Photo by Jill Anderson
The Intellectual Contribution Award is an honor that recognizes 13 Ed.M. students (one from each Ed.M. program) whose dedication to scholarship enhanced HGSE’s academic community and positively affected fellow students. The award will be presented at Convocation on May 29.
Not all schools and districts are created equal. This is something that Nathan Whitfield knew well from his eight years as a teacher in Helena, Arkansas. He came to the Ed School wanting to add a voice to the discourse about rural schools and communities — places he feels have been too often forgotten or neglected.
“In the recent education discourse, so much time and space is given … to urban education and schools, and so I saw this opportunity as a way for me to speak, in some ways, for the families and children I have tried to serve in my classroom in rural Arkansas,” Whitfield says.
Keeping these communities at the center of the conversation is a challenge, but one that Whitfield continues to meet head on. “The reality, at least as it has appeared in conversations here at HGSE, is skewed so much away from these ‘poor’ and ‘remote’ places that it has made me more resolved and emboldened,” he says.
Whitfield’s commitment to his students and the community in which he taught was immediately evident to all in the Teacher Education Program (TEP), as was the sacrifice that he made to leave for a year to come to HGSE.
“Nathan’s concern for his students and their communities ran so deep that he found it very difficult to leave his classroom to attend TEP. Once here at HGSE, though, his TEP colleagues quickly came to value deeply his decision to do so,” says Lecturer Vicki Jacobs, faculty director of TEP, noting how the peers who nominated Whitfield for the Intellectual Contribution Award praised him for bringing “his full self to every conversation” and “never [backing] down from a challenge,” while also acknowledging his knowledge, wisdom, intellect, and authenticity. “The students and schools in which he chooses to serve in the future will be fortunate to have his company and constant championship of educating all children well.”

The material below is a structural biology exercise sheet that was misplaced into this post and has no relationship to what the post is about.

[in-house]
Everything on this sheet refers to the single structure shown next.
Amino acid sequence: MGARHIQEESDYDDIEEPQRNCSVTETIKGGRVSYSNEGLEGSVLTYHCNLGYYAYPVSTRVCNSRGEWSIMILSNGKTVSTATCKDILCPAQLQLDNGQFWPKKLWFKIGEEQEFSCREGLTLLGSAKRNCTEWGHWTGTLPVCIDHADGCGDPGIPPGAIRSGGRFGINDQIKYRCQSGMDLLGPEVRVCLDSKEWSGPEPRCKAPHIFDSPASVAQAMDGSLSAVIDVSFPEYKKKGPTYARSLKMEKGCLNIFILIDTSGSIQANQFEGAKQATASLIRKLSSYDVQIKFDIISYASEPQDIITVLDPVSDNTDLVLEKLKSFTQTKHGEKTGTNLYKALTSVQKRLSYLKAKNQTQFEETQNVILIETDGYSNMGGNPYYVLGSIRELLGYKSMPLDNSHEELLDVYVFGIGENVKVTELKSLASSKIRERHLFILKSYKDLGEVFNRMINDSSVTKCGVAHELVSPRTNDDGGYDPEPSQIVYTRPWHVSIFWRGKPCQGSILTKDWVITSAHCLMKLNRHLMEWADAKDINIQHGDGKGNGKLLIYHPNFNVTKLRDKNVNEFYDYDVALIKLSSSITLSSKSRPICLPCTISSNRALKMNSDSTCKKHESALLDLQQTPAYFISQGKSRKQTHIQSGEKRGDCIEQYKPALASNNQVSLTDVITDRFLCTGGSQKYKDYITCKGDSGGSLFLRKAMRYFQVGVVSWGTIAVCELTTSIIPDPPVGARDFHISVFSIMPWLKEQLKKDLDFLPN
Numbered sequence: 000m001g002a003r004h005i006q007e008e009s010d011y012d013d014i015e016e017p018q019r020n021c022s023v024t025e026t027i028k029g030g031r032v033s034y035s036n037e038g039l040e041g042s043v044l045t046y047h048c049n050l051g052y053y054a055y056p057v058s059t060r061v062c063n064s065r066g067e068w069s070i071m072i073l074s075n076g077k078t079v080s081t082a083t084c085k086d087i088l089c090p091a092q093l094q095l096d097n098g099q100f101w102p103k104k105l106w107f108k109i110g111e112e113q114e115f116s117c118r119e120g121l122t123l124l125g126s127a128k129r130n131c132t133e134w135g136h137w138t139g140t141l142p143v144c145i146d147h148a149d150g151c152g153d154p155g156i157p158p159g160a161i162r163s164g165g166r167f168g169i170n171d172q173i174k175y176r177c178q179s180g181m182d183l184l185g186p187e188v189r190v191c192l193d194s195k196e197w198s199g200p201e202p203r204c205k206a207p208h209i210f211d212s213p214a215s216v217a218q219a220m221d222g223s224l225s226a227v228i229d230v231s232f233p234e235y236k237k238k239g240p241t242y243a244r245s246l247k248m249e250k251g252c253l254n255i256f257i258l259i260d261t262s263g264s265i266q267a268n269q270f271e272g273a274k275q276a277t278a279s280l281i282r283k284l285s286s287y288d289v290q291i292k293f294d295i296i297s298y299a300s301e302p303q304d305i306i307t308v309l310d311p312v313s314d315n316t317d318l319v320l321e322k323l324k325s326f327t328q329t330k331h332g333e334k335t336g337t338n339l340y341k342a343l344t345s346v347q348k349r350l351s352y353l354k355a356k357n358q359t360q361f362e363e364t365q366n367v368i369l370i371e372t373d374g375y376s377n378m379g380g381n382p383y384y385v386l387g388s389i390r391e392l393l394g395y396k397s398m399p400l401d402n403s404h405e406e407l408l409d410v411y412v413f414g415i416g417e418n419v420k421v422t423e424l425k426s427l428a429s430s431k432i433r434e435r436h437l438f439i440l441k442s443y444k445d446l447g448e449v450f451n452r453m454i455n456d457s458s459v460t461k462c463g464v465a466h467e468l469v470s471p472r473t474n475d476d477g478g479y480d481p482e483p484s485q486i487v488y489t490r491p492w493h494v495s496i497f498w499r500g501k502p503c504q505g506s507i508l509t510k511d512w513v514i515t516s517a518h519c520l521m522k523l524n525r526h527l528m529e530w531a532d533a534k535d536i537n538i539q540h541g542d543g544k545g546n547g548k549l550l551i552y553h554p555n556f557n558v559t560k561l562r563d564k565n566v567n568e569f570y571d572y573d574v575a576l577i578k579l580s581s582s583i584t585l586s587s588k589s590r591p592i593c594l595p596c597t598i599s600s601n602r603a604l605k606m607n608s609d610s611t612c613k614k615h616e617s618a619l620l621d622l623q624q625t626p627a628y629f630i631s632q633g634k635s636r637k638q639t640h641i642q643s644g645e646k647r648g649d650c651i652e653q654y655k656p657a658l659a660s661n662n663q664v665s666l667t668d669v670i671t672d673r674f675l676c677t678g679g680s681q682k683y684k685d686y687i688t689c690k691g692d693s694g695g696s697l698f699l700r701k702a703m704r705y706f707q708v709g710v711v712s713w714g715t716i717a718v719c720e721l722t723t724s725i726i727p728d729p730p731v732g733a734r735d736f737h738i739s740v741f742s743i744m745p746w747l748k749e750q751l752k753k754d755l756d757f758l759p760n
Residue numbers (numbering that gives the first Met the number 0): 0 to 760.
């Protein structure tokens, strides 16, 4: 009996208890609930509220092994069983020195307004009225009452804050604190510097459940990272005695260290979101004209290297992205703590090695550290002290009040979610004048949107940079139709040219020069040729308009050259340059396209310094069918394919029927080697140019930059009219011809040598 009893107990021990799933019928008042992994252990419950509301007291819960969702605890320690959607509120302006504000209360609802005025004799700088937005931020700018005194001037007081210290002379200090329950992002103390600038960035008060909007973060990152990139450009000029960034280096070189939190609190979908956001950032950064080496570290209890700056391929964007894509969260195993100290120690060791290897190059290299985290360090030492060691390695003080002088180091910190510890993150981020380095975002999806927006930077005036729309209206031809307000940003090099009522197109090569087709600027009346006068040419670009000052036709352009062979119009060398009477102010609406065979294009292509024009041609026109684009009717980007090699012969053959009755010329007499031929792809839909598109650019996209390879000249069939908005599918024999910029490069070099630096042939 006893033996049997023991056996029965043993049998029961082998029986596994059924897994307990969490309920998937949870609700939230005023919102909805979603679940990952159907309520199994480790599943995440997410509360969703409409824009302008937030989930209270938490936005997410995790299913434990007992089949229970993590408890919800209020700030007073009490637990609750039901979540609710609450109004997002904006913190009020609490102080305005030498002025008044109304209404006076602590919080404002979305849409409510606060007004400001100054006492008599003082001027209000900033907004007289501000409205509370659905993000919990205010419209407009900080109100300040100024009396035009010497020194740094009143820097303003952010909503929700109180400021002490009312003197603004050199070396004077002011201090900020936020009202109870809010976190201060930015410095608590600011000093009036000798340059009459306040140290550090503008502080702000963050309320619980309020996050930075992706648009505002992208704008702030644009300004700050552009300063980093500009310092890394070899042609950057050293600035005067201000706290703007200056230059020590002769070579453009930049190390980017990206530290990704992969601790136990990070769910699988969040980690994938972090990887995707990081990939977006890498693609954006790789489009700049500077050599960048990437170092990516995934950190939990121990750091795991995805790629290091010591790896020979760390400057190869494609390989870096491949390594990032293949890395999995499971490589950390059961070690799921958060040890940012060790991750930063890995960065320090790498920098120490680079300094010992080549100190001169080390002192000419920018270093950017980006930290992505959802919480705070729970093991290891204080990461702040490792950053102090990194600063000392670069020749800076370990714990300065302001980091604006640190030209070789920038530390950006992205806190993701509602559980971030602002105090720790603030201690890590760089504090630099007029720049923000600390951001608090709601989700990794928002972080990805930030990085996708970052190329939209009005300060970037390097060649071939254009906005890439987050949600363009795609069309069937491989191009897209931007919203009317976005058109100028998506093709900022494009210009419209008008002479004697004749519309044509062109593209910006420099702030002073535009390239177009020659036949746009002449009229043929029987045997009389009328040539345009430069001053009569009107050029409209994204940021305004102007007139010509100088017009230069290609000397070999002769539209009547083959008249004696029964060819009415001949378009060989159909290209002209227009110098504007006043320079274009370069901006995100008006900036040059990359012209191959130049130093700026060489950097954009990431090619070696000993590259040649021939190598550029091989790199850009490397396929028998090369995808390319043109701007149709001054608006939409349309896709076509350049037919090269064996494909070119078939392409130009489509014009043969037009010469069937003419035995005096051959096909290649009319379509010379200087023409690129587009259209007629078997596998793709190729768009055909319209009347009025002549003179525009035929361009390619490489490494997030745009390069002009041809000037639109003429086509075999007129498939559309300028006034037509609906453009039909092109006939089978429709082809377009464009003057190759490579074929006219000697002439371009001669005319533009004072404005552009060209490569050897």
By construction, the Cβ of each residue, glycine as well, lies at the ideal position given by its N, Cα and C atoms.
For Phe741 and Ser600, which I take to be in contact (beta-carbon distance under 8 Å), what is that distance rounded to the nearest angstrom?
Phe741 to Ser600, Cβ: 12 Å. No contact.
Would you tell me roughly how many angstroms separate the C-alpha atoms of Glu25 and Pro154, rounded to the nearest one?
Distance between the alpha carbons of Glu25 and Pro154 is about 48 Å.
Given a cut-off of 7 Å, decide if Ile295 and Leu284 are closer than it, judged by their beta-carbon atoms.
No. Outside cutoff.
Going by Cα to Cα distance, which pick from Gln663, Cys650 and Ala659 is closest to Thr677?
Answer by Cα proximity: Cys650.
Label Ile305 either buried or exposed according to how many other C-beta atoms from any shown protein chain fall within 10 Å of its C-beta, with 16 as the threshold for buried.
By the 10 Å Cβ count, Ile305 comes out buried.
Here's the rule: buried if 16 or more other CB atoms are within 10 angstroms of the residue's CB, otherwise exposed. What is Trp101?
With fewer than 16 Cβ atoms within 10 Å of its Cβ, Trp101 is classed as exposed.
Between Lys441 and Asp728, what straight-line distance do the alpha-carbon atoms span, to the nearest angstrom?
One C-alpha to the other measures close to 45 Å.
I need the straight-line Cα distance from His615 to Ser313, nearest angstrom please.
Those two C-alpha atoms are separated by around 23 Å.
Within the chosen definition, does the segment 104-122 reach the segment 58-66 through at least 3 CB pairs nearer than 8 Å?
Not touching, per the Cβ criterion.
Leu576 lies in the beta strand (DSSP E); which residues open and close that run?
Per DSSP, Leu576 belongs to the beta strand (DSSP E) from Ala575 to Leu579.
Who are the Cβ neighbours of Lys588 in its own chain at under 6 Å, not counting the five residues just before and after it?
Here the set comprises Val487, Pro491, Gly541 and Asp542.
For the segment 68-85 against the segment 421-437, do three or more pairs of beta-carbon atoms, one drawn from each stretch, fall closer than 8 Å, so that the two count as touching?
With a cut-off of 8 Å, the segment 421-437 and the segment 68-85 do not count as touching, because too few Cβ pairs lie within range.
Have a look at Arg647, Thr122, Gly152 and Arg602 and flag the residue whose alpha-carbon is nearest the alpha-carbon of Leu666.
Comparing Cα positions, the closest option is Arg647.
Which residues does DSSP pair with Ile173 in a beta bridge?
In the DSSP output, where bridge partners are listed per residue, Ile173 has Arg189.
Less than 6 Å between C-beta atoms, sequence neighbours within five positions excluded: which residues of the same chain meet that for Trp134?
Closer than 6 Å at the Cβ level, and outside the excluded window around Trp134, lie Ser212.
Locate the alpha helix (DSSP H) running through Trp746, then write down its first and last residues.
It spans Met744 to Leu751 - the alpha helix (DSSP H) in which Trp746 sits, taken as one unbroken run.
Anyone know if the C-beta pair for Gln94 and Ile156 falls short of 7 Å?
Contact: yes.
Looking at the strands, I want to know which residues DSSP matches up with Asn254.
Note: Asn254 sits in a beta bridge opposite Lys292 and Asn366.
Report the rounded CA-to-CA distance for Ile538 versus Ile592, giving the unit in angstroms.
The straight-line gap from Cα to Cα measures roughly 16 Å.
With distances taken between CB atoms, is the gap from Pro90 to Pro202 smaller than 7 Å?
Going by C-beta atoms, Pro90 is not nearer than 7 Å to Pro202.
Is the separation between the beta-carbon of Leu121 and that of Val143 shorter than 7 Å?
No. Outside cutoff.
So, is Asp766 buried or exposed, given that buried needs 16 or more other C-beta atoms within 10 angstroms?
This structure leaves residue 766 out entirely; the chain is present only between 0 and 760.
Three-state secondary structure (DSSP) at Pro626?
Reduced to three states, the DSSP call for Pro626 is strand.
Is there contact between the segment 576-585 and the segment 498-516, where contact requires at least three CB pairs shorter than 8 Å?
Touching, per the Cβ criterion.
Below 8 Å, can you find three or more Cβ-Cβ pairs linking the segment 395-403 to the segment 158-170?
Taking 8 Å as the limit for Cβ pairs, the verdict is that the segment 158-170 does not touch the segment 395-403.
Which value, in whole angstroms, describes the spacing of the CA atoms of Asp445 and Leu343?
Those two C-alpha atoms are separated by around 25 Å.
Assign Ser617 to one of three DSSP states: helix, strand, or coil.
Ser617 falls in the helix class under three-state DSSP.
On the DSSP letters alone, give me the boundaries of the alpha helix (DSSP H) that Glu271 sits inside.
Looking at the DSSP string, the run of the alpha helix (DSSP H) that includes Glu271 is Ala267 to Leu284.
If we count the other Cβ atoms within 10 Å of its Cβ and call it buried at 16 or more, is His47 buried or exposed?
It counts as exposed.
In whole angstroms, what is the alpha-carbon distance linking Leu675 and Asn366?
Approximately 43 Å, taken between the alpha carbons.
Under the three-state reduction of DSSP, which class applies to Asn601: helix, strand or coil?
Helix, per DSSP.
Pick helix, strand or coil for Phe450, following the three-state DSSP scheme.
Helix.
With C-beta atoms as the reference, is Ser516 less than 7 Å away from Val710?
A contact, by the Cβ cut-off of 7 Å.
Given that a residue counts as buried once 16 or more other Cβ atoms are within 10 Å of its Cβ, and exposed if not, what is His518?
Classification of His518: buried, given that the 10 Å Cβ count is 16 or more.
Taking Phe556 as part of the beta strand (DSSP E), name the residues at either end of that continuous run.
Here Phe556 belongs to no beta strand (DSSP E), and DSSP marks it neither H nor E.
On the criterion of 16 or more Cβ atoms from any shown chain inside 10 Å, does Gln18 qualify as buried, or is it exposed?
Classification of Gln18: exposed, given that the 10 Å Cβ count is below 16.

Here, Whitfield reflects on his year at HGSE and looks at his future in education:
What was your greatest fear before attending HGSE? My greatest fear prior to attending HGSE was fearing I would lose my passion for teaching and become yet another educator who decided to leave the classroom for policy, administration, or to open yet another “new” school somewhere. Being here has provided a recognition of the immense privilege I possess in the world and an awareness of what putting that privilege to use actually looks like.
What is something that you learned at HGSE that you will take with you throughout your career in education? A private conversation with Dr. Cornel West in which he asked me, “What are you willing to die for?” It seemed heavy at the time, but the spirit of what he said is undeniable. Privilege enables us to speak of injustices and half-heartedly commit ourselves to a cause without having to really sacrifice anything … or sacrificing the semblance of something meaningful. But you will know the worth of something or someone in your life when you can step back and examine how much you are willing to sacrifice for it. For me, as an African-American male educator, it is a challenge to examine the manner in which I speak of the injustices and inequities in education. How much am I willing to sacrifice for it?
Is there any professor or class that significantly shaped your experience at the Ed School? Undoubtedly, Houman Harouni and his class on Power and Pedagogy. There are no words for that course and how it has challenged my thinking both in and out of the classroom. Particularly, the course forced me to wrestle and struggle with ideas and aspects of being that transcend time and any specific discipline.
How did you stay inspired throughout the year? James Baldwin is my “raison d’etre.” I travel with the canon that is his works, and while I cannot ever aspire to be the next Baldwin, his words have provided grounding repeatedly. I have told everyone I meet at HGSE, you will never go wrong seeking the timeless advice of Mr. Baldwin. He has not failed me.
What advice do you have for next year’s students going through your program? “Put a stake in the ground…”
I found myself annoyed sitting in classes with students and some professors who would engage in discourse primarily in theory and with lofty concepts. During one particular small group for a class, I finally told a fellow student who kept prefacing and referring to what the “text” said about something to “put a stake in the ground.” I don’t care if your opinions change, and they probably will over your time in education and at HGSE; however, in any given moment, you do know and believe something. Name that. Engage with it. Let people challenge it. But “put a stake in the ground” and hold fast to it. Do not become so immobilized in doubt, “what ifs,” and theory that you cannot name what you believe and why.
The number one, biggest surprise of the last year was … I am the only African-American male in my cohort. I sit with the weight of this reality and the recognition that such is but a microcosm of the U.S. education system every day.